> content-type header indicating the encoding), the Western European
> languages you are using should work all right in the standard Western
> encoding iso-8859-1 as well. Avoid windows-1252; it's a proprietary
> Microsoft set.
>
> --
> Dan


I am using
iso-8859-1 at the moment but I am going to change it into UTF-8 to add the
pages in Russian and Chinese
(just now I have little in these languages)

--
Luigi Donatello Asero
https://www.scaiecat-spa-gigi.com/sv/oversattning.php










 
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Jukka K. Korpela
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      12-19-2005
"Tony Vella" <(E-Mail Removed)> wrote:

> I am preparing a series of philatelic html pages (lots of text and a few
> scans of stamps) which will include alpha-characters (accents) in Italian,
> French, Spanish, Portuguese and Danish.


They are all covered by the ISO-8859-1 encoding, except for some punctuation
marks and letters like the oe ligature. If you use windows-1252, you get the
punctuation marks and the ligature, too.

>The pages I have finished in draft
> form so far I have encoded UTF-8 but I have just been told that 99% of the
> world will not be able to read them


Nonsense. More probably, 99 % of the WWW users _are_ able to read them. Well,
let's say 97.6 %. After all, 96,3 % of all percentages have just been made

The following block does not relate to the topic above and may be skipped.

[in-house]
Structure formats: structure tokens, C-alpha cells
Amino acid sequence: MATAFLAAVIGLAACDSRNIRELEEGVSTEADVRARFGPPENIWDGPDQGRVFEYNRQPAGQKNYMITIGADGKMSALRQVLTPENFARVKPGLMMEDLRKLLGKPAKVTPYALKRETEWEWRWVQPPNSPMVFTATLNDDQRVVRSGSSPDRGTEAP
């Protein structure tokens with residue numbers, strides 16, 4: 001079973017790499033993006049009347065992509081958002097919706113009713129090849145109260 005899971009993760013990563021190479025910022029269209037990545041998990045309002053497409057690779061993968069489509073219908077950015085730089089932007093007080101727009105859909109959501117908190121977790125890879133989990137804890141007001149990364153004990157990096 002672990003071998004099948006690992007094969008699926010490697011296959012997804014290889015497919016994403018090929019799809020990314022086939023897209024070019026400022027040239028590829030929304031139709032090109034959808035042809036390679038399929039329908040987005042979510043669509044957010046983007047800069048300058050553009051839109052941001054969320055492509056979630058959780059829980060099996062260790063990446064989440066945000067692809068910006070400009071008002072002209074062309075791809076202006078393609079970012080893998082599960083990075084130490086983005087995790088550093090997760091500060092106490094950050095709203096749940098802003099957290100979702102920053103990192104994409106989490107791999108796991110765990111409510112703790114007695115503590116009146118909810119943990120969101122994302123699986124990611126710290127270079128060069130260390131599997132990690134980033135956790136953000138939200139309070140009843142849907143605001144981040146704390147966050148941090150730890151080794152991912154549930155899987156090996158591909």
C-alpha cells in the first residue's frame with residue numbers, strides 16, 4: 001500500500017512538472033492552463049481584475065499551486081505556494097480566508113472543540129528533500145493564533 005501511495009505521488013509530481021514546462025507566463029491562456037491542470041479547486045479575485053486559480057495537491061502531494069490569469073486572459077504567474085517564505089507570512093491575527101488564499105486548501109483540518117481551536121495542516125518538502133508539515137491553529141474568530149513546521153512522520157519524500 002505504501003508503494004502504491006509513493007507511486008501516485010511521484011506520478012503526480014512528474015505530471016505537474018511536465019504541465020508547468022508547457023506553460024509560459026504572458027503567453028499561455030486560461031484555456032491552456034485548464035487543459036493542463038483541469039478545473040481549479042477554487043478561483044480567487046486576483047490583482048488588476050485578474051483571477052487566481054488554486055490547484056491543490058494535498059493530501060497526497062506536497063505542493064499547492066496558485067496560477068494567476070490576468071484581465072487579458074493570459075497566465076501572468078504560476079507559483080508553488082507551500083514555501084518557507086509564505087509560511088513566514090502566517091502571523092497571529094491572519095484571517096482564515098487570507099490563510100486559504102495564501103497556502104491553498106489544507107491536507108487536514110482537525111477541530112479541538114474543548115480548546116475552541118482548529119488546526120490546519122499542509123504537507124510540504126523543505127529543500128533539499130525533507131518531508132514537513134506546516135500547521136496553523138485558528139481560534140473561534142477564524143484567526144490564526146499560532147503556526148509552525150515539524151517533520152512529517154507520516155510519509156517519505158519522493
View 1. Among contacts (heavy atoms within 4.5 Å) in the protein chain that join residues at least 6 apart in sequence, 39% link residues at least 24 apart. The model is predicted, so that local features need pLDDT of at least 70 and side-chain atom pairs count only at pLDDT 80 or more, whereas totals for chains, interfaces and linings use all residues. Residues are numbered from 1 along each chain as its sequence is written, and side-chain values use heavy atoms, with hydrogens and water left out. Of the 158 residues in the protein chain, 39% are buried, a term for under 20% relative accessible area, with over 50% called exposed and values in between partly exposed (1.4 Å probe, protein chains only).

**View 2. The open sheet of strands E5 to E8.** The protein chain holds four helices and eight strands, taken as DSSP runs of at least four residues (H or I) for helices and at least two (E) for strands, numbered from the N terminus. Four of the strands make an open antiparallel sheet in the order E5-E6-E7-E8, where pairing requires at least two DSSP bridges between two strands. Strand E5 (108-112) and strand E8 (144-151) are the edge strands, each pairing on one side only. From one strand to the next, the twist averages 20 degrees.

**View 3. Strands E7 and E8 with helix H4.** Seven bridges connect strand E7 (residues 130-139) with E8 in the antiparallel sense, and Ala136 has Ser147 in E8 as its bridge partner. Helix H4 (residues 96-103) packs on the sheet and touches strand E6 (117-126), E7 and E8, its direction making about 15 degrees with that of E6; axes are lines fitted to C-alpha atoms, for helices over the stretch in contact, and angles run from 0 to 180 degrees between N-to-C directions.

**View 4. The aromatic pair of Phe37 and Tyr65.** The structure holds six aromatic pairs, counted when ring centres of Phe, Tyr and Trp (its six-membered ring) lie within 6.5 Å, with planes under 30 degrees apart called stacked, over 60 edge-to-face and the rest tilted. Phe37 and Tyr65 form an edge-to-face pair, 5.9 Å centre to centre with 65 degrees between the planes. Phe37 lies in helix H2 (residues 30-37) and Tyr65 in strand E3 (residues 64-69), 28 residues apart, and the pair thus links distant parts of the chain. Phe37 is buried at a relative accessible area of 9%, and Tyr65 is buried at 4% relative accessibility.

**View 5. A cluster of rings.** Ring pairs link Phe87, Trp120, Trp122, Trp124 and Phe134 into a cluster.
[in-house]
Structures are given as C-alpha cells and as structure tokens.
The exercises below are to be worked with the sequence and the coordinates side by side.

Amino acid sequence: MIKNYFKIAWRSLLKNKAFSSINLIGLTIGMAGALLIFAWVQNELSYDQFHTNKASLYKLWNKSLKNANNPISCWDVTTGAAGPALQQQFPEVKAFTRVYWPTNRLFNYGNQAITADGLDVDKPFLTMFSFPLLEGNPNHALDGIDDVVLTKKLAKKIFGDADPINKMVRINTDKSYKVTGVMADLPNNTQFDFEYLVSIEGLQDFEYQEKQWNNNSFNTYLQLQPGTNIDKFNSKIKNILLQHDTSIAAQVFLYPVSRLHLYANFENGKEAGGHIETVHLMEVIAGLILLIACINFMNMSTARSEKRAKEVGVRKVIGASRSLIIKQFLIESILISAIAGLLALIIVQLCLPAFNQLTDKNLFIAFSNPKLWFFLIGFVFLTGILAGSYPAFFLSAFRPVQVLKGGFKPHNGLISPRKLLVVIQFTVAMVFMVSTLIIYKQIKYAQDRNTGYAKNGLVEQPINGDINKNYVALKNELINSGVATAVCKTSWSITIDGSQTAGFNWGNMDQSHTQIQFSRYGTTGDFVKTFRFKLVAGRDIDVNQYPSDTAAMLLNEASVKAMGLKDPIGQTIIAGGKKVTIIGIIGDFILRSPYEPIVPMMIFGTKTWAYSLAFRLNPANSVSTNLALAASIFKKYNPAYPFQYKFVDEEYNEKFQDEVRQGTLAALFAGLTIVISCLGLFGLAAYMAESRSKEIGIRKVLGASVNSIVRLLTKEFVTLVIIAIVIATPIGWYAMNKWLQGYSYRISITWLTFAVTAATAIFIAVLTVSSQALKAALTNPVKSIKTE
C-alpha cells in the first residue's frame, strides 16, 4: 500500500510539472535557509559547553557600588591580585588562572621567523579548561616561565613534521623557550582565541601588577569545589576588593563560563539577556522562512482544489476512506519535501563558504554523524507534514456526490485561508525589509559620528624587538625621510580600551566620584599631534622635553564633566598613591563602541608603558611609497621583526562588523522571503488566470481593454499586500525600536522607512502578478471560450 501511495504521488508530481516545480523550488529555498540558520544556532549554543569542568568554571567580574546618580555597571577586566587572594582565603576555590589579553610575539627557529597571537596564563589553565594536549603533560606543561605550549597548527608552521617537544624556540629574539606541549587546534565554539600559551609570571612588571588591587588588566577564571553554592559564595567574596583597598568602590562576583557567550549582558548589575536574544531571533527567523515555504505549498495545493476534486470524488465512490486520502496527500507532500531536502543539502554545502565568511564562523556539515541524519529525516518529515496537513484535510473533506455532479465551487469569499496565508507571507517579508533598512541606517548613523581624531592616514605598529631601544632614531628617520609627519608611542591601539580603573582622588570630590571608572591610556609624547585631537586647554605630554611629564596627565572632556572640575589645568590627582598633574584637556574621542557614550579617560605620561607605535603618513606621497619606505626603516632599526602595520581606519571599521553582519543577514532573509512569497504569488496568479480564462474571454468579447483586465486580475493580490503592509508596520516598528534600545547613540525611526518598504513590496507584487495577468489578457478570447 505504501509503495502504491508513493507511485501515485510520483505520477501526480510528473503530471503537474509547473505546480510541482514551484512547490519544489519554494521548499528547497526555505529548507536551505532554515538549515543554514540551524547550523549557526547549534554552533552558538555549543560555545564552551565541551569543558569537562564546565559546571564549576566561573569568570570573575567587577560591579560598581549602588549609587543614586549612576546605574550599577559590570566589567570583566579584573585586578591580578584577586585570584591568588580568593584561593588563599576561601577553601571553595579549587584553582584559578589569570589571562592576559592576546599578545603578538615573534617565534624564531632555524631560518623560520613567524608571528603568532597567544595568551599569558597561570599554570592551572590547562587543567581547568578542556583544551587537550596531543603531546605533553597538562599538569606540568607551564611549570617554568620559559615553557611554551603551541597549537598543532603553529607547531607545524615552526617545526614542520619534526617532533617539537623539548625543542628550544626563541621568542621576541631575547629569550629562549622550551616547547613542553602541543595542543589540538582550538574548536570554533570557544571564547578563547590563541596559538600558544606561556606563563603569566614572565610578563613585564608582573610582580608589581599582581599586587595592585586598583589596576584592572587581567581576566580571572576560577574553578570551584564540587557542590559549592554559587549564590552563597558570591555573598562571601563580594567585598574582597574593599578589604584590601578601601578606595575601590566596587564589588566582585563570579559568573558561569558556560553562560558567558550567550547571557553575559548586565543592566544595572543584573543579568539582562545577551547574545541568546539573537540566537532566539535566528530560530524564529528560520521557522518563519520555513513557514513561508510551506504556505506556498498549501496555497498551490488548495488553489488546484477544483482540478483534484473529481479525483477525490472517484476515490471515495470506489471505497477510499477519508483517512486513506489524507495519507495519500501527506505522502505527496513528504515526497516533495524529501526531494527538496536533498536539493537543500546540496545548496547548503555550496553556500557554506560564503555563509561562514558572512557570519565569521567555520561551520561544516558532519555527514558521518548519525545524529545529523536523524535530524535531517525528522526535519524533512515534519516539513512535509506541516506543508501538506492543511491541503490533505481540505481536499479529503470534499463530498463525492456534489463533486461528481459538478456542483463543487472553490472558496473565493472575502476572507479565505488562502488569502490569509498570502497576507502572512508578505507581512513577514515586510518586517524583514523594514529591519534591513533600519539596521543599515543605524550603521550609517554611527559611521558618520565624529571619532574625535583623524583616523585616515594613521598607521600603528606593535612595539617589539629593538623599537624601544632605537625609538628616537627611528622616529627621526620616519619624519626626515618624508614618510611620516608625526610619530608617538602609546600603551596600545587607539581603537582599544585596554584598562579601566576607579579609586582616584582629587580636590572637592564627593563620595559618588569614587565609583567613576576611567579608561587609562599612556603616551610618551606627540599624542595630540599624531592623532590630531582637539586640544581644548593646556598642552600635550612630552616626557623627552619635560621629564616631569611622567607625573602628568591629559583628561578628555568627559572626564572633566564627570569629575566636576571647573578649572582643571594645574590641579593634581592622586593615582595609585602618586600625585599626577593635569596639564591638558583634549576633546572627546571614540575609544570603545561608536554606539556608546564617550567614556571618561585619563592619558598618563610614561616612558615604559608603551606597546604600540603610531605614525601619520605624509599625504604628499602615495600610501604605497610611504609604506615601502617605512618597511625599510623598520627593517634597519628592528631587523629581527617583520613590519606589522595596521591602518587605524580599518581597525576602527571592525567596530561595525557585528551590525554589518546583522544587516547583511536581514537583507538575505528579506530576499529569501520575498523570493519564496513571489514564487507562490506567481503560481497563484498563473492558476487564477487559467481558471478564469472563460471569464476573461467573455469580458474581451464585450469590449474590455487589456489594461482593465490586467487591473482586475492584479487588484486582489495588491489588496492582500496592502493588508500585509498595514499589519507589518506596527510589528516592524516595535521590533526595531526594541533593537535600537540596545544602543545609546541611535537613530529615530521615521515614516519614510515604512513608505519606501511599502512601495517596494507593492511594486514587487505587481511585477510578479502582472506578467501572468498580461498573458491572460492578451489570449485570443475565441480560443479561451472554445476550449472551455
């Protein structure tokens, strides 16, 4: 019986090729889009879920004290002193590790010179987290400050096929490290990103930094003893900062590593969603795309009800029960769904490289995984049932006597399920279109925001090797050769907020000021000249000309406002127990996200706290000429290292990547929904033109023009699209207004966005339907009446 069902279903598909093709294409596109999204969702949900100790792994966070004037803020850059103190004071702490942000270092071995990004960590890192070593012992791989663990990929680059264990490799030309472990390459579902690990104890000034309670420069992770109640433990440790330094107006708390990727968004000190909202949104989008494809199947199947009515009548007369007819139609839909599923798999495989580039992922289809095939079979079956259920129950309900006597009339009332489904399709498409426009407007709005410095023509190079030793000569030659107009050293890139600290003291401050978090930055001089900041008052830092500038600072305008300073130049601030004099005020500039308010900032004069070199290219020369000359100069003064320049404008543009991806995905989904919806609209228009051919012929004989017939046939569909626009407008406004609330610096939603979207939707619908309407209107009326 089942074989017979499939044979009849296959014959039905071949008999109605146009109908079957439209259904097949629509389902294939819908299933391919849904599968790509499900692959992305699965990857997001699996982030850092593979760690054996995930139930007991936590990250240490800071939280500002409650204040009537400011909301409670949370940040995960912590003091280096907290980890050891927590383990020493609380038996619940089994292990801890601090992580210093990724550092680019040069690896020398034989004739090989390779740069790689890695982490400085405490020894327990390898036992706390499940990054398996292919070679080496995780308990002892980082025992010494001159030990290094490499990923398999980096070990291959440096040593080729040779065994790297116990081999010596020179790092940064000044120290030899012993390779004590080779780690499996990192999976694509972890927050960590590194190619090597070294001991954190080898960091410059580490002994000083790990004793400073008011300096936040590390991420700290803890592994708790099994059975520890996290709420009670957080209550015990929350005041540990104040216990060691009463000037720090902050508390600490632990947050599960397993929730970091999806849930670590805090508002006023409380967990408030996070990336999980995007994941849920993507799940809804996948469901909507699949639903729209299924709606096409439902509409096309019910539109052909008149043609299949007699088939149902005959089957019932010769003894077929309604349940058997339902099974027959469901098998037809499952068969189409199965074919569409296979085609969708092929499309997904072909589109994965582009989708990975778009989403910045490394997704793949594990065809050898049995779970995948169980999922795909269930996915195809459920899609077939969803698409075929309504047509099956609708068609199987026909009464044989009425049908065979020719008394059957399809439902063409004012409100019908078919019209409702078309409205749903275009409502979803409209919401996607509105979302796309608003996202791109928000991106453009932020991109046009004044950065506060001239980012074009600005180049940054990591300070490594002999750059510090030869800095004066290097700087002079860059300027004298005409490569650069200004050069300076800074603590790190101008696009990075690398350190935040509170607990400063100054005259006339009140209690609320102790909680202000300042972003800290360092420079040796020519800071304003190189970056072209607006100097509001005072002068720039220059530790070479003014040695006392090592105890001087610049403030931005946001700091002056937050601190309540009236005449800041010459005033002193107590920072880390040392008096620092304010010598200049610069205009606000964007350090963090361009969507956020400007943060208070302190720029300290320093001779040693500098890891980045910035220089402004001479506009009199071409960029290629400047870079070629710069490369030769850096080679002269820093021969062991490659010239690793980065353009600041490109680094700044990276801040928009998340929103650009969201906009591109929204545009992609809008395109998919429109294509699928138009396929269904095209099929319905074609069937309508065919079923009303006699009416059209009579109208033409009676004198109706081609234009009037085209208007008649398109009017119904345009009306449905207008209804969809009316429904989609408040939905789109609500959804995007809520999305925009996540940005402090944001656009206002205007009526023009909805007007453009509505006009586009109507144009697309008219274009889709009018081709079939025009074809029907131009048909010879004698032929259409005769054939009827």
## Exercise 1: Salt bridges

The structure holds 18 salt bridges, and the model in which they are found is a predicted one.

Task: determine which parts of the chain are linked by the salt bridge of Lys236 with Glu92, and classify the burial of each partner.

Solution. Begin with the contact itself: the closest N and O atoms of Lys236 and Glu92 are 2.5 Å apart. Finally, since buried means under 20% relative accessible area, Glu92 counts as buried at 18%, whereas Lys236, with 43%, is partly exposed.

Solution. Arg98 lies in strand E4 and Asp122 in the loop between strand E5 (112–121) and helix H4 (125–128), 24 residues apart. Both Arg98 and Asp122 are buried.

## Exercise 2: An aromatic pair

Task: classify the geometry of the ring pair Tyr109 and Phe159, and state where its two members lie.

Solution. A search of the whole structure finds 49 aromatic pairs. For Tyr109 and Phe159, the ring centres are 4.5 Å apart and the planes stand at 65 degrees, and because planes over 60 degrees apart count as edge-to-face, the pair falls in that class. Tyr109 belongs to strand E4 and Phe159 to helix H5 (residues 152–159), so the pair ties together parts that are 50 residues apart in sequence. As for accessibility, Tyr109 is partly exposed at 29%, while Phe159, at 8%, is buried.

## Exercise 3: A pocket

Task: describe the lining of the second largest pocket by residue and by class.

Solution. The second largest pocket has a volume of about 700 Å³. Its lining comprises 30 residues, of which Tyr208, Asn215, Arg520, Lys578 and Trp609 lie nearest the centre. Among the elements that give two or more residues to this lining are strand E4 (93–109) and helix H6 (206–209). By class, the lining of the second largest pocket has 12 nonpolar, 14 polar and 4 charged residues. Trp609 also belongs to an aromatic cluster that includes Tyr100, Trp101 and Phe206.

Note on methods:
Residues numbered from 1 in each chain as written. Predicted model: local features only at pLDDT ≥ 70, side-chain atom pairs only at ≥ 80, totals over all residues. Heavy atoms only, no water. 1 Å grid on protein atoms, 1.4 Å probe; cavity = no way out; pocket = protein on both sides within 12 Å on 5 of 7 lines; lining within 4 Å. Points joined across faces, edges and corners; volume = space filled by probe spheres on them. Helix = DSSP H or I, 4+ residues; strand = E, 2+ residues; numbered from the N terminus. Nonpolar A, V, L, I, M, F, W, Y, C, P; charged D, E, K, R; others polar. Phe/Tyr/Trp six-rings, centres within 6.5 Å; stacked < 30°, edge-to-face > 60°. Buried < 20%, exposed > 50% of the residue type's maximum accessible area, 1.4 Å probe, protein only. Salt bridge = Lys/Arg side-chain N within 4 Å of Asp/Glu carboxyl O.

up, and the remaining 4,7 % have been miscalculated.

> and that I should go through all the
> pages and re-encode them "western european - windows (1252)".


I wouldn't do that at this point, unless you have good tools that do such
things for you with minimal effort.

> I guess what
> I would like to know is what encoding would be most effective for these
> particular languages.


If you were just about to start the project, I would recommend ISO-8859-1 (or
windows-1252 if you need those extras) - not because of wider browser
coverage (though there is a _small_ improvement to be gained there) but
because those encodings are somewhat more efficient (one byte per character,
whereas UTF-8 uses two bytes for some of the characters you'd use).

UTF-8 is certainly simpler in the future if you'll ever need to add
characters in other languages.

--
Yucca, http://www.cs.tut.fi/~jkorpela/
Pages about Web authoring: http://www.cs.tut.fi/~jkorpela/www.html


 
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Alan J. Flavell
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      12-20-2005

On Mon, 19 Dec 2005, David Dorward wrote:

> Tony Vella wrote:
>
> > I am preparing a series of philatelic html pages (lots of text and
> > a few scans of stamps) which will include alpha-characters
> > (accents) in Italian, French, Spanish, Portuguese and Danish. The
> > pages I have finished in draft form so far I have encoded UTF-8
> > but I have just been told that 99% of the world will not be able
> > to read them

>
> That is rubbish.


Agreed

> UTF-8 is very well supported (so much so, that I can't remember the
> last time I came across a system that couldn't handle it).


Broad agreement with that, but there are exceptions...

Well, Netscape 4.* versions do a pretty good job of *rendering* utf-8,
but do keep in mind that, if any form submission is required, then NN4
badly mangles utf-8. Whether it's worth understanding how to
implement a workaround for that old zombie is debatable, of course:
I'm just mentioning that it's not without a problem.

cheers

(The original WebTV is also hopeless at rendering anything other than
a subset of Windows-1252, but ho hum.)